I know, I know…what about those clerics who sexually preyed on their flocks? They did so in direct opposition to the teachings of the Church.

The use of artificial birth control was never a “let your conscience be your guide” type of thing. That was the mantra of clerics who either bought into worldly views on human sexuality or were too cowardly to uphold those teachings for fear of the backlash that would come.

The Church does not okay the use of porn, masturbation, homosexual acts, or any other use of human sexuality that goes against its very nature.

I know this is not popular, but the Church has not changed its teachings about this. See Catechism sections 2331-2400.

4) Confession is still necessary for the forgiveness of Mortal Sin

Sin needs to be forgiven for the relationship between God and with His people to be restored. It is that relationship that opens us to the freedom of receiving God’s grace in the sacraments. It that relationship that opens us to the Kingdom of Heaven.

Mortal sin severs that relationships. Without that relationship, we have no true access to the grace of the other sacraments nor to the Kingdom of Heaven. Confession is the way we fix that.

Whether one feels that is true or not, does not change that this is the constant teaching of the Church. See Catechism sections 1446-1470.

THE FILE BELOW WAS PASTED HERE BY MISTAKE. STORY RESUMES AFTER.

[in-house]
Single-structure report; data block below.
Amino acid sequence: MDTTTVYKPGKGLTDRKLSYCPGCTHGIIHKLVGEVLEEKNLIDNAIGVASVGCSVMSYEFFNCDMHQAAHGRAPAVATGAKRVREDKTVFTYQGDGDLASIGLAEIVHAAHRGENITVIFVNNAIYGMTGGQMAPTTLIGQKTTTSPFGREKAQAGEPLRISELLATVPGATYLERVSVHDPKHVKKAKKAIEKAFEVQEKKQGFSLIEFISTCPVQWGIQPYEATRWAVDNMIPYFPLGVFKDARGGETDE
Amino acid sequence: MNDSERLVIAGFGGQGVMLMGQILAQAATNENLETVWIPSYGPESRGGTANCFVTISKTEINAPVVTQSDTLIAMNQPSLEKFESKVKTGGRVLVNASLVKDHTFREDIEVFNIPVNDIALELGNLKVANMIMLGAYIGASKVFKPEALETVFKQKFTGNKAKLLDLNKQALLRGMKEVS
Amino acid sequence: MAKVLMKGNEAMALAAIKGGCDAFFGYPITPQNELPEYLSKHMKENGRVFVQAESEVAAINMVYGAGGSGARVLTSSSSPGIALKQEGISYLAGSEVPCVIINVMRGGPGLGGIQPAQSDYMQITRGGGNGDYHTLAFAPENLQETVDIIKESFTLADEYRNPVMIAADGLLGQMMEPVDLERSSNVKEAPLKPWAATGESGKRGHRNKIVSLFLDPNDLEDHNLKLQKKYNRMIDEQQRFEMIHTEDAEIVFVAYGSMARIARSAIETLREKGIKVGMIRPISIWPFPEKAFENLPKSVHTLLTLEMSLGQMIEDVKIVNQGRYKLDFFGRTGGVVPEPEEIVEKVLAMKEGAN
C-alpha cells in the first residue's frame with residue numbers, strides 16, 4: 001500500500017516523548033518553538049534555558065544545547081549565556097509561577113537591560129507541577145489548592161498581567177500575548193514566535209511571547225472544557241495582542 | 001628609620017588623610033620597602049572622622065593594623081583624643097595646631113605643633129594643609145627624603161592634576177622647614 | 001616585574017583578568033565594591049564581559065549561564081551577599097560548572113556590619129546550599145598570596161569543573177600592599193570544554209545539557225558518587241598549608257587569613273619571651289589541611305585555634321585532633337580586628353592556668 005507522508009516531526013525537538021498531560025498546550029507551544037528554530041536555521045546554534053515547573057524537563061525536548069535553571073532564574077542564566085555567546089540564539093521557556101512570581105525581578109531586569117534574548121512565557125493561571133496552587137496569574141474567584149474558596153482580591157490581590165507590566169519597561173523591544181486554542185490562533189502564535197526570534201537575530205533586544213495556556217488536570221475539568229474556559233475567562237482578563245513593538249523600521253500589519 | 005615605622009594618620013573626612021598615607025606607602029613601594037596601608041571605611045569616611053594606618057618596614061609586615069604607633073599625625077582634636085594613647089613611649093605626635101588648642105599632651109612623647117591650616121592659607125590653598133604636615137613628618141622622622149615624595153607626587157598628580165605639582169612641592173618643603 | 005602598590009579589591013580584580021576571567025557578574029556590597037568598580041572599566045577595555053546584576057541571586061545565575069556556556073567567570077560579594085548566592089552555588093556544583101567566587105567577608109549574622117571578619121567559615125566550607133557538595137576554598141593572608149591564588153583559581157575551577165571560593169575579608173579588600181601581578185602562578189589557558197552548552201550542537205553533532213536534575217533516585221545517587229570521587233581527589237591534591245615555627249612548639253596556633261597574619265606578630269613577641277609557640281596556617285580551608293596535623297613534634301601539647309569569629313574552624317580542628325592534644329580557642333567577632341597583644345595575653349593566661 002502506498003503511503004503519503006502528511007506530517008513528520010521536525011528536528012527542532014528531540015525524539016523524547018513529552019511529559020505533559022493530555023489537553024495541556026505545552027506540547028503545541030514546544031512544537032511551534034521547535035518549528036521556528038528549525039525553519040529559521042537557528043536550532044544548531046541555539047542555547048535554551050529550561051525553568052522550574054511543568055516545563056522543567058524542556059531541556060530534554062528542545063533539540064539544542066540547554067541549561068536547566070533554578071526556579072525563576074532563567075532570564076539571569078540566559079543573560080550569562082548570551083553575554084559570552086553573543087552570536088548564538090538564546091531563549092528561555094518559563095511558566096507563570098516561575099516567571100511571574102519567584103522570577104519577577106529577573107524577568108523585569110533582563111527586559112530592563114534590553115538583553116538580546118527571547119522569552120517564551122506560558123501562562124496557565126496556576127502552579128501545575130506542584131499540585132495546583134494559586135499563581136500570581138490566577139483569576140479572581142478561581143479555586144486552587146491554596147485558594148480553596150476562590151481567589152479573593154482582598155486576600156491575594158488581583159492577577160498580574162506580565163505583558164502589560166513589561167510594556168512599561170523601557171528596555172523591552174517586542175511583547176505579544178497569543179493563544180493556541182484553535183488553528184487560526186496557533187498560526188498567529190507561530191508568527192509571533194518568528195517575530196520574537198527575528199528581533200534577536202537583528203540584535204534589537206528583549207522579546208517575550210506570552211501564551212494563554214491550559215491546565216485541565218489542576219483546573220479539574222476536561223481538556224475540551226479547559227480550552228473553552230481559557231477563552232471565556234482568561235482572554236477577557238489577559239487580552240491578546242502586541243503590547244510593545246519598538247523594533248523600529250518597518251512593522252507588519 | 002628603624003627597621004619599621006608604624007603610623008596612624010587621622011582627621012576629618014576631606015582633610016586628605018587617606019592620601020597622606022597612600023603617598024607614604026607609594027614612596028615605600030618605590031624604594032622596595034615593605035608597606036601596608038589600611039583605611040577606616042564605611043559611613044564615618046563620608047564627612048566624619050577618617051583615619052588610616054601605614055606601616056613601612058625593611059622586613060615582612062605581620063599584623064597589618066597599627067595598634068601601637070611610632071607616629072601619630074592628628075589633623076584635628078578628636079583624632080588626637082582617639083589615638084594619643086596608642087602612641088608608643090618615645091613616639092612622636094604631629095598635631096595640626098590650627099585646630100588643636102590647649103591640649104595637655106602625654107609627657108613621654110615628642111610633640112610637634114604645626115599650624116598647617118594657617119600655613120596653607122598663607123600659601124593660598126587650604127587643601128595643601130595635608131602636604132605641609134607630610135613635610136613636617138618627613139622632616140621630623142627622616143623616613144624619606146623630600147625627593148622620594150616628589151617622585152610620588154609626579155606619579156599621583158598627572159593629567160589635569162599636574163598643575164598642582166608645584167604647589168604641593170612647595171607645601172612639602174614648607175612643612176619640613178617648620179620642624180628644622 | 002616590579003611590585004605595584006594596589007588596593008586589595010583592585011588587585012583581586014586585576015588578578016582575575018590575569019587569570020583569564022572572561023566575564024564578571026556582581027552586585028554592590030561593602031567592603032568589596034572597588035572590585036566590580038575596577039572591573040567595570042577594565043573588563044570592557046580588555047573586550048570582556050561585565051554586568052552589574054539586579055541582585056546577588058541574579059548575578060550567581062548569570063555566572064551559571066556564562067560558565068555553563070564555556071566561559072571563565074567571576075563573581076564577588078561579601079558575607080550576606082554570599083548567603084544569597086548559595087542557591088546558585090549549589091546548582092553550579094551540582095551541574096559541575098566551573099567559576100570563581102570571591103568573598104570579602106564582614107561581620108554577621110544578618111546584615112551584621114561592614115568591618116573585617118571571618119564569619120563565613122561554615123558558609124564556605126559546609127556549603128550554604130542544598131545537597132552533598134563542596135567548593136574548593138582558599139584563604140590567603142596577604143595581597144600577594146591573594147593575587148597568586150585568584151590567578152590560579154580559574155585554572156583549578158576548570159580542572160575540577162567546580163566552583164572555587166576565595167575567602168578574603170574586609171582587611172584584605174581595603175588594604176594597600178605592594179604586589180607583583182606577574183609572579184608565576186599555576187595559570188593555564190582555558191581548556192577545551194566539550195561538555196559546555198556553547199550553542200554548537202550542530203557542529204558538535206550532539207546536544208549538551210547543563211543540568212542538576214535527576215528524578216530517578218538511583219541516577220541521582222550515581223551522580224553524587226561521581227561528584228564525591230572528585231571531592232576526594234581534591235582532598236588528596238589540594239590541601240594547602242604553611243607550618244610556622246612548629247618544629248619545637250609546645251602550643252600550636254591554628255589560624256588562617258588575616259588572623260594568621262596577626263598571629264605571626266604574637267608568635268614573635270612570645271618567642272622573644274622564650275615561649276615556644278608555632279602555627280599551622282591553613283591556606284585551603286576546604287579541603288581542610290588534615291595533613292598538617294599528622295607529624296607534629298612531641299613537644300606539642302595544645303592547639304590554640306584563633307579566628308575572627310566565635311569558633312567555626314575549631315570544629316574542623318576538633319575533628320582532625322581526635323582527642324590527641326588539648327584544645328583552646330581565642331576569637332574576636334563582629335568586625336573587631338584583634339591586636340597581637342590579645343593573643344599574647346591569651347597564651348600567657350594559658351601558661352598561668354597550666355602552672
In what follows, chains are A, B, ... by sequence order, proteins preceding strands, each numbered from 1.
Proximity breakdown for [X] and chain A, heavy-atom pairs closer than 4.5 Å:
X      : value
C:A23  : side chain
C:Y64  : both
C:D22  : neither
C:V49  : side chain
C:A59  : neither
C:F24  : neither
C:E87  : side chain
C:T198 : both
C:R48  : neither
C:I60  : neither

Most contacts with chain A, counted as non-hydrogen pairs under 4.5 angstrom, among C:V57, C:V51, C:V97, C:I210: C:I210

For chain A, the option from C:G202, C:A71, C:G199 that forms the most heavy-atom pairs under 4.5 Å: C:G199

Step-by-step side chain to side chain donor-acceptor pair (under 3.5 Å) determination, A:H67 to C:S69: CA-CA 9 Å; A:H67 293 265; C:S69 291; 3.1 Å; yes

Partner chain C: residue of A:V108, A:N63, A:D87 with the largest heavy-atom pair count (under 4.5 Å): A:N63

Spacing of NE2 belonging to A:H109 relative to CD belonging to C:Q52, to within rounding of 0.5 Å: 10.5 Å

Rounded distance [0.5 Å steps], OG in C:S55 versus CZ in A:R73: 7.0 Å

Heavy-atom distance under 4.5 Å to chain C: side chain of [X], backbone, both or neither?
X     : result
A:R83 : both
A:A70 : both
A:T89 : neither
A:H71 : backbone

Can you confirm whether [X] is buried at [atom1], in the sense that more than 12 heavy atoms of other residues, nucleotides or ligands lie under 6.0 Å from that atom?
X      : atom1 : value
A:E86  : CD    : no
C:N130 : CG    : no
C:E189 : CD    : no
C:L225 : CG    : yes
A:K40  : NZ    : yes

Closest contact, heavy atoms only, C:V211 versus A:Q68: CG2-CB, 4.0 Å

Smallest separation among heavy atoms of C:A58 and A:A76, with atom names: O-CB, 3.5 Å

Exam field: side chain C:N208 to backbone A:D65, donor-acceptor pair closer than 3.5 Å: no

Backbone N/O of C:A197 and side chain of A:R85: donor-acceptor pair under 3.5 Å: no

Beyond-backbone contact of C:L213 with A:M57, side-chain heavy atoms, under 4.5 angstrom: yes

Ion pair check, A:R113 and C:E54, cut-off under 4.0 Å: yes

5) The Catholic faith is not a buffet where one picks and chooses what is okay and comfortable

The Catholic faith has the right to say that this is what we believe.  It has the right to set the standard.  We do so because this is what Christ taught. End of story.

The point of faith isn’t to numb. The point of faith is to challenge to greater heights, courage, and holiness.  Every rule and teaching of the Church comes from what it means to love God and love our neighbor as ourselves. It is an integral whole. Once we start picking and choosing, we damage the whole. When people start picking and choosing, it becomes easier and easier to abandon faith altogether.

* * *

This is just the tip of the iceberg.

Catholic professionals bemoan the ignorance of the masses and the lack of practice of the masses. I say that the masses are only doing what we trained them to do! If we treated faith as a buffet, shocker that others would as well. If we backed away from unpopular teachings, or teachings that mean I have to give up my favored sins, then we spread the disease of ignorance that plagues so many.

It isn’t as if we haven’t had these teachings all along. All of the things our “spirit of Vatican II” types said we threw out (the Rosary, Confession, Purgatory, indulgences, sexual morality teachings, etc) we never did. These types will have to stand before God for the damage they did.

We still believe what we believed long before Vatican II.  Our need to learn is present, as is our need to have clear teaching.

Originally posted on Ramblings of a country priest